Possibly. Was the machine faulty or defective? Did the gym know about it? Depending on the gym's insurance coverage, at the least, your medical bills may be covered. Seek an experienced personal injury attorney in your area to discuss further. Good luck.
The above is general information only and is not legal advice. The information provided does not form an attorney-client relationship, and should not be relied upon to take or refrain from taking any action. I am not your attorney until we sign a retainer agreement.
Candidly, it doesn't sound like a defect. More than likely it was your use of the machine. Sorry for being blunt. Do, however, contact local and qualified counsel.
Personal injury cases only; I'm good at it; you be the Judge! All information provided is for informational and educational purposes only. No attorney client relationship has been formed or should be inferred. Please speak with a local and qualified attorney. I truly wish you and those close to you all the best. Jeff www.nyelderinjurylaw.com
It is possible, but a tough case. You will need to get an attorney to go over the details. A weight should not just fall, so it depends on exactly how it happened, and several other facts.
This is not legal advice. You should always discuss the specifics of your issue in person with an attorney. Be aware that there are time limits on all claims that depend on the kind of claim, so do not delay in seeking an attorney.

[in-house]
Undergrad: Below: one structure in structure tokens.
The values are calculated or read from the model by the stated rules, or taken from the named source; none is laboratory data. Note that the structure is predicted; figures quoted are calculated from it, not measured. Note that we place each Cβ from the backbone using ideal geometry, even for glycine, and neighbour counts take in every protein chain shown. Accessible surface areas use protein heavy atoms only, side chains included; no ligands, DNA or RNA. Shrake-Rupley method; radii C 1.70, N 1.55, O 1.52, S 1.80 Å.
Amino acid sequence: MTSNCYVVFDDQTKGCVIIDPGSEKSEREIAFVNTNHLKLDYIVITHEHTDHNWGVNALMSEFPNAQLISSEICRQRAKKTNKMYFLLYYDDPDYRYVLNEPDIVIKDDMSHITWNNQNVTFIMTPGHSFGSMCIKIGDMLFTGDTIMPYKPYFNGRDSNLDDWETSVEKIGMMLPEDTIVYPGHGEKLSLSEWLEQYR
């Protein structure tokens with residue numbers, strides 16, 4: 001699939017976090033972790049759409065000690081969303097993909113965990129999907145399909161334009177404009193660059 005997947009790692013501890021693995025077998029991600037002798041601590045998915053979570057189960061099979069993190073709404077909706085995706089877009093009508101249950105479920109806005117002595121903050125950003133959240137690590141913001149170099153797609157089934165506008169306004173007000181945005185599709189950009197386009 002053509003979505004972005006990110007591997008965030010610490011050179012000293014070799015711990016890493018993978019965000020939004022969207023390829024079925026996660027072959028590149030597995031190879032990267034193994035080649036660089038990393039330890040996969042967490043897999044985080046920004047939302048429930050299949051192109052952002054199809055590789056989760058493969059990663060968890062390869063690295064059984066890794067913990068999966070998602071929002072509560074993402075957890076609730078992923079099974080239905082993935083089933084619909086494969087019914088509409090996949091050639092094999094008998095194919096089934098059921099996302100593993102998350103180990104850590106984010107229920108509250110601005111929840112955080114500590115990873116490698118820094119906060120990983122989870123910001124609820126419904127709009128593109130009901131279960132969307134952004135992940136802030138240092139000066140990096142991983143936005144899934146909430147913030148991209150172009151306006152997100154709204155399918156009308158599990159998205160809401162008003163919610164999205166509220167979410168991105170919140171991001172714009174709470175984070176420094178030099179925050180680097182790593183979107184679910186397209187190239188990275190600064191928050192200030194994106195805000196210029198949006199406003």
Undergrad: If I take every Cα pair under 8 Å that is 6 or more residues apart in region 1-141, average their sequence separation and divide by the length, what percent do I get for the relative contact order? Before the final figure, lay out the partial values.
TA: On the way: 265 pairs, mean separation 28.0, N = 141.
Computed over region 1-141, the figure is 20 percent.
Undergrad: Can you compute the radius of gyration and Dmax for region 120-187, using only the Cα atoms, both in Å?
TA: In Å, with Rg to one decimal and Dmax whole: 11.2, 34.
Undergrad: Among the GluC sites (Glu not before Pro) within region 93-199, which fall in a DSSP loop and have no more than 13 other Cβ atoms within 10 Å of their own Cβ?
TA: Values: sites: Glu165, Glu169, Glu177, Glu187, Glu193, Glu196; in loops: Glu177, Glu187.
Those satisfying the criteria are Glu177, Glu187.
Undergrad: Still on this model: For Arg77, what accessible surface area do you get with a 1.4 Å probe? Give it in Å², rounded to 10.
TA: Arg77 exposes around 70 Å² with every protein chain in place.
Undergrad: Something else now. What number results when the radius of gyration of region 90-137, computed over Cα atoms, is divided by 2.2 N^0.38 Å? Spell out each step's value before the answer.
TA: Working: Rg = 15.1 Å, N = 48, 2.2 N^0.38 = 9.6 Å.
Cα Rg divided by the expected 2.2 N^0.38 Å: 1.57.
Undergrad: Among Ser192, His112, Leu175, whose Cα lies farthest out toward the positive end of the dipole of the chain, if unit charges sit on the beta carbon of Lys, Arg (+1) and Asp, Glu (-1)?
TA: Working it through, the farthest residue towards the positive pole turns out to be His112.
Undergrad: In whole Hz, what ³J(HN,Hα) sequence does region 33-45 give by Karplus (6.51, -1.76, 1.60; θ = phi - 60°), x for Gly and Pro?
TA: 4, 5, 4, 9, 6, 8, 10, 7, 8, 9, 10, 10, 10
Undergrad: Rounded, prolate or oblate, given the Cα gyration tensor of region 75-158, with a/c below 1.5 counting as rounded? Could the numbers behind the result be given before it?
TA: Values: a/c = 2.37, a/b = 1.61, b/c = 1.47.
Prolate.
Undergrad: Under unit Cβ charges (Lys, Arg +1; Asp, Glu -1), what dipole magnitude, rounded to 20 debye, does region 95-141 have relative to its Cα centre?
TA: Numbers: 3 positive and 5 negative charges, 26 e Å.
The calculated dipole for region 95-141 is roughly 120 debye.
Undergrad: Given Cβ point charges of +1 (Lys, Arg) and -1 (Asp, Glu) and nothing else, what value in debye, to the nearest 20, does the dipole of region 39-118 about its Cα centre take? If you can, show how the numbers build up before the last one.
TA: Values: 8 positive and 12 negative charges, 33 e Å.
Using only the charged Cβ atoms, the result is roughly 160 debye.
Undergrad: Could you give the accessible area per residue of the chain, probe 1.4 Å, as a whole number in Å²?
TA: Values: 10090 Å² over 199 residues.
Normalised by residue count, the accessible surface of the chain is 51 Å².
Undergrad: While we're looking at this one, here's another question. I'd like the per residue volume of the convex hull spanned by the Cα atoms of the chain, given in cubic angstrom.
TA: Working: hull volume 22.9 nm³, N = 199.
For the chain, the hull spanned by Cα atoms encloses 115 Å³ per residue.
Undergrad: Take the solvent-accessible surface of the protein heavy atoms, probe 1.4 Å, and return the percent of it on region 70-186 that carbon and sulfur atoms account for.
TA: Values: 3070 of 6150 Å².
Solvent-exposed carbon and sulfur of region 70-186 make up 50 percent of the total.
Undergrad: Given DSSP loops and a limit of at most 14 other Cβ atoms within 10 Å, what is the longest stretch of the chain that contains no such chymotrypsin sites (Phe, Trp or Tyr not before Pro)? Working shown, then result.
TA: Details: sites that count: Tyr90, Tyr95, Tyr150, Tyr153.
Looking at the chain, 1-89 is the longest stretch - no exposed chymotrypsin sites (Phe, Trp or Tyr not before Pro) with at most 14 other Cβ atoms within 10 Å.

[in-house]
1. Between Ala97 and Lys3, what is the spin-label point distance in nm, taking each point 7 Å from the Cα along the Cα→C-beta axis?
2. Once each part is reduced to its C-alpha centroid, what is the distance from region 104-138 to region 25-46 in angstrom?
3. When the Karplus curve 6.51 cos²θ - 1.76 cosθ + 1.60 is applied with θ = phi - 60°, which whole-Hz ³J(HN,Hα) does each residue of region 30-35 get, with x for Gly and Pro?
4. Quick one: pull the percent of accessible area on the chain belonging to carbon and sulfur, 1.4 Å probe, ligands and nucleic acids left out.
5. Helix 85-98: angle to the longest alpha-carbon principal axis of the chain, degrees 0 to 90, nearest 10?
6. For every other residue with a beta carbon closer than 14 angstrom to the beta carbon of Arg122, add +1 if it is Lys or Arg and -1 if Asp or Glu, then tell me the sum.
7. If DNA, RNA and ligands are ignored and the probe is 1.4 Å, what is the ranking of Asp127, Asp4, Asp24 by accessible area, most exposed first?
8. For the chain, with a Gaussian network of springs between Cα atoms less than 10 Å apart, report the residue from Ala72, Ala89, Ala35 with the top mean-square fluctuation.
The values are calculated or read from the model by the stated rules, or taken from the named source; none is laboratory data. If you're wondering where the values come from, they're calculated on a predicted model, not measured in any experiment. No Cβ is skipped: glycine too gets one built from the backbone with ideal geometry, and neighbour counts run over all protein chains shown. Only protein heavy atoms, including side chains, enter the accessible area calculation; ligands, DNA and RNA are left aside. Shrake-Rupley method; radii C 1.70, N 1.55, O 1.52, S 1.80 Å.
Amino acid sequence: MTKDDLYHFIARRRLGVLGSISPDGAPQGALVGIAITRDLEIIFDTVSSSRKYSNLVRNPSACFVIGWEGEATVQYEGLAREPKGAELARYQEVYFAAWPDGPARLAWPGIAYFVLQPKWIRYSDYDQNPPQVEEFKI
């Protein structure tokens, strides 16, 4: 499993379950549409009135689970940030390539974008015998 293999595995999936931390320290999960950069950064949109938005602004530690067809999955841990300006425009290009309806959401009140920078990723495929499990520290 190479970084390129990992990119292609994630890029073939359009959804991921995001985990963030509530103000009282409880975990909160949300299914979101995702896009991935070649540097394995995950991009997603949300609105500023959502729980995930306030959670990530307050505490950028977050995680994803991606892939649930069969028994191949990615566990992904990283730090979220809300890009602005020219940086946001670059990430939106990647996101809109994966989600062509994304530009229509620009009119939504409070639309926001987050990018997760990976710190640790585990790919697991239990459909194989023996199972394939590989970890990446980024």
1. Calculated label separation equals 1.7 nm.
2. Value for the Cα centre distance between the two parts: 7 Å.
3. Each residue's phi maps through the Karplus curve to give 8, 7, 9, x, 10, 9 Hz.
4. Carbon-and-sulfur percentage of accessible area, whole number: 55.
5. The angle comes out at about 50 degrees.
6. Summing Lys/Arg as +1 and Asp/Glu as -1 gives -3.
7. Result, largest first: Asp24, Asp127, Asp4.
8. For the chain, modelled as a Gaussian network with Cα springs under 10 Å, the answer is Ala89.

This looks like a tough case. I would make a complaint with the gym and tell them you aren't looking to sue, but rather just to get your.medicals paid. Otherwise you will probably have to sue in justice court on your own. Good luck.
Know YOUR Rights. Take Action Now. CALL 855-648-4695. Legal disclaimer:This message does not constitute legal advice and does not create an attorney-client relationship. Any statements are made for general informational purposes and do not constitute legal advice. Mr. Crockett is licensed in Texas in Illinois only.
Yes, you can sue the gym. The Texas constitution guarantees all citizens free access to our courts. This means that anyone can sue anyone, at any time, anywhere, for any reason, for any amount of money and without first proving anything to anyone. However, filing a lawsuit and winning one are two entirely different things. Winning a lawsuit and actually recovering some money are also two entirely different things.
I agree with the other lawyers who have responded that the gym's liability might be very questionable. The other problem I see is that, without meaning to trivialize what you have suffered, unless you have a large loss in terms of earning capacity on account of it, a broken thumb generally would not produce a monetary recovery of sufficient magnitude to make a lawsuit economically feasible to pursue.
I'm not a Texas attorney (California) but an additional hurdle you may face is that you may have signed a waiver when you joined the gym. I agree with most counsel that this is a difficult case.
If you consult with an attorney about your case, remember to bring the contact you have with the gym. Waiver's of liability for negligence and even gross negligence are not uncommon in gym contracts.
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